Royal Marines

Commandos Operate Drone Swarms In UK Military First

Drones dived, sailed and flew together in a swarm during experimental exercises with the Royal Marines.

Royal Marines have been testing an array of autonomous systems in the sky, on the water and underwater in a first for the UK's Armed Forces.

Personnel from 40 Commando and 42 Commando have been using swarms of drones to carry out training raids on missile and radar installations at the Electronic Warfare Tactics facility at RAF Spadeadam in Cumbria and at Lulworth Cove in Dorset.

The trials, named Autonomous Advance Force 4.0, are the latest in a series of experimental exercises developing how the Future Commando Force will operate in the future, with an emphasis on humans and technology working together closely on the battlefield.

The drones were tasked with tactically re-supplying commandos with everything from ammunition for the assaulting troops to blood for combat medics.

A Malloy unmanned aircraft can be controlled by personnel anywhere within a 70km radius (Picture: Royal Navy).

The swarm of drones also demonstrated significant flexibility and switched roles to conduct reconnaissance missions to provide intelligence for commando raids ashore and at sea against a hostile target, when launched from RFA Mounts Bay.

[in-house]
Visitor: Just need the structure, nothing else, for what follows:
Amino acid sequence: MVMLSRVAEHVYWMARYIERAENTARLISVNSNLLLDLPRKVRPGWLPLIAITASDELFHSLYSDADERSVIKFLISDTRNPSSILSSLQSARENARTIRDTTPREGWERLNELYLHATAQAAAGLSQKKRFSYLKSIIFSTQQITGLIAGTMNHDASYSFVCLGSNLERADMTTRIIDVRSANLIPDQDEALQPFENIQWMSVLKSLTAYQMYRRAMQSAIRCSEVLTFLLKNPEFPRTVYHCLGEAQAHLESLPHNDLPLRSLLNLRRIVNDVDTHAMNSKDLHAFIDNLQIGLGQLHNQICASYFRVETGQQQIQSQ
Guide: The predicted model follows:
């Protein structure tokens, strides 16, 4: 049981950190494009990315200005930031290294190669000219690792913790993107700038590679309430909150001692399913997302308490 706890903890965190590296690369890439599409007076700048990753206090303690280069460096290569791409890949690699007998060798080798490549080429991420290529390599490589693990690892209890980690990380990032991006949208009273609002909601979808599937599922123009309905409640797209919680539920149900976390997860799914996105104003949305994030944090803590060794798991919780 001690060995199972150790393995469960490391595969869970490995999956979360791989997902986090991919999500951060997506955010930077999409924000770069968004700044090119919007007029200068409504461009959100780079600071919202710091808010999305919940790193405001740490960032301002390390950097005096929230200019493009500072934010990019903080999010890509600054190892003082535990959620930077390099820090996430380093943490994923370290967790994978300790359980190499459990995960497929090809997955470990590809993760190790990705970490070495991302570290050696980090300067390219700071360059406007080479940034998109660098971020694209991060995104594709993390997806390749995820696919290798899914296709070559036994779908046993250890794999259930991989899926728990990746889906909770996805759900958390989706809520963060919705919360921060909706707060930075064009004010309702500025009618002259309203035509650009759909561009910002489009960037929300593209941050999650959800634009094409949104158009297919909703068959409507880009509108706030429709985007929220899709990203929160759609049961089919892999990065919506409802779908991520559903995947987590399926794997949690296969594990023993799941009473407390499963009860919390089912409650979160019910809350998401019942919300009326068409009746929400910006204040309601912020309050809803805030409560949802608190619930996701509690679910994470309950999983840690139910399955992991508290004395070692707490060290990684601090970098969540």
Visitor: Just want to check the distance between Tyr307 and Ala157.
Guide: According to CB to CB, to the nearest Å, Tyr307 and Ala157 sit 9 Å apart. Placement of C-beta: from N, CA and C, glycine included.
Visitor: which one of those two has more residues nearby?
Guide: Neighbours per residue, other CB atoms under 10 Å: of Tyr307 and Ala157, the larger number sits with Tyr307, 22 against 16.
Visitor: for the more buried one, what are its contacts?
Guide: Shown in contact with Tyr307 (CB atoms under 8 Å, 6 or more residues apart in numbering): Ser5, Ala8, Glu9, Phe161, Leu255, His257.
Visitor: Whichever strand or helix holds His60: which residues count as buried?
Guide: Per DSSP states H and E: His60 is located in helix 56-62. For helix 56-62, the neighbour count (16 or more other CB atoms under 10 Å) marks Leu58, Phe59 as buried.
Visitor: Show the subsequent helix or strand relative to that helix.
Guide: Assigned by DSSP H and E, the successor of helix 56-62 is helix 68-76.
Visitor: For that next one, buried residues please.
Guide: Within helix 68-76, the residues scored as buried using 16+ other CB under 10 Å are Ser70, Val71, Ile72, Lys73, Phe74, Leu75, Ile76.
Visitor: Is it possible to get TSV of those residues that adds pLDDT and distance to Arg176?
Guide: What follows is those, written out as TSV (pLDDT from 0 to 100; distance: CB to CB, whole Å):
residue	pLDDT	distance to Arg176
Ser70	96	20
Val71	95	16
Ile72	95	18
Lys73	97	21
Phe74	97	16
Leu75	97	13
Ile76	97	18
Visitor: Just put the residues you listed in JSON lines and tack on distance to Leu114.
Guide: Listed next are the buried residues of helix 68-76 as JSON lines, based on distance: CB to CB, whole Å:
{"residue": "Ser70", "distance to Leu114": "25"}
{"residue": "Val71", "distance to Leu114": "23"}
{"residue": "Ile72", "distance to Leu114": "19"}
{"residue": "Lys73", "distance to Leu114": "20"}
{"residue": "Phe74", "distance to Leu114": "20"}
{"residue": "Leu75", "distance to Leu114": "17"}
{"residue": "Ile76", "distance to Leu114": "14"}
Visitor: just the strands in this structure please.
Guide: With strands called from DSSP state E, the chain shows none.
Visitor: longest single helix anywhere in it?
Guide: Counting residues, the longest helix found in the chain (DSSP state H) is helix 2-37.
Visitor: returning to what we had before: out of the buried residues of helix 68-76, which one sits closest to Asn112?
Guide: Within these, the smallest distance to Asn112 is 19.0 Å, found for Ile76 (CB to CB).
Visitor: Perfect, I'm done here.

The autonomous systems also worked together to find and identify enemy targets, accurately using their range of sensors and target acquisition algorithms.

A Navy spokesman said: "The ultimate aim is to seamlessly embed autonomous systems on the frontline to support commando forces on the battlefield.

A Ghost drone flies above RFA Mounts Bay – although it is still in development it is capable of capturing thermal images and footage from 3,000ft above sea level (Picture: Royal Navy).

"These experiments scrutinise tactics and develop knowledge of how the drones can and cannot be used."

First Sea Lord Admiral Sir Tony Radakin said: "Only by continued experimentation with the latest technology and innovation can we properly prepare our people for the challenges of the future."

Colonel Chris Haw, the officer in charge of the experiments, said: "This has been yet another enormously important step forward in Royal Navy autonomy and particularly Commando Force transformation; I have seen phenomenal progress through this series of trials over the past two years. "But we must always remember that this tech is there to enhance commando excellence, not to replace it."

 

Cover image: A swarm of six Malloy TRV 150 drones operating at RAF Spadeadam in Cumbria (Picture: Royal Navy).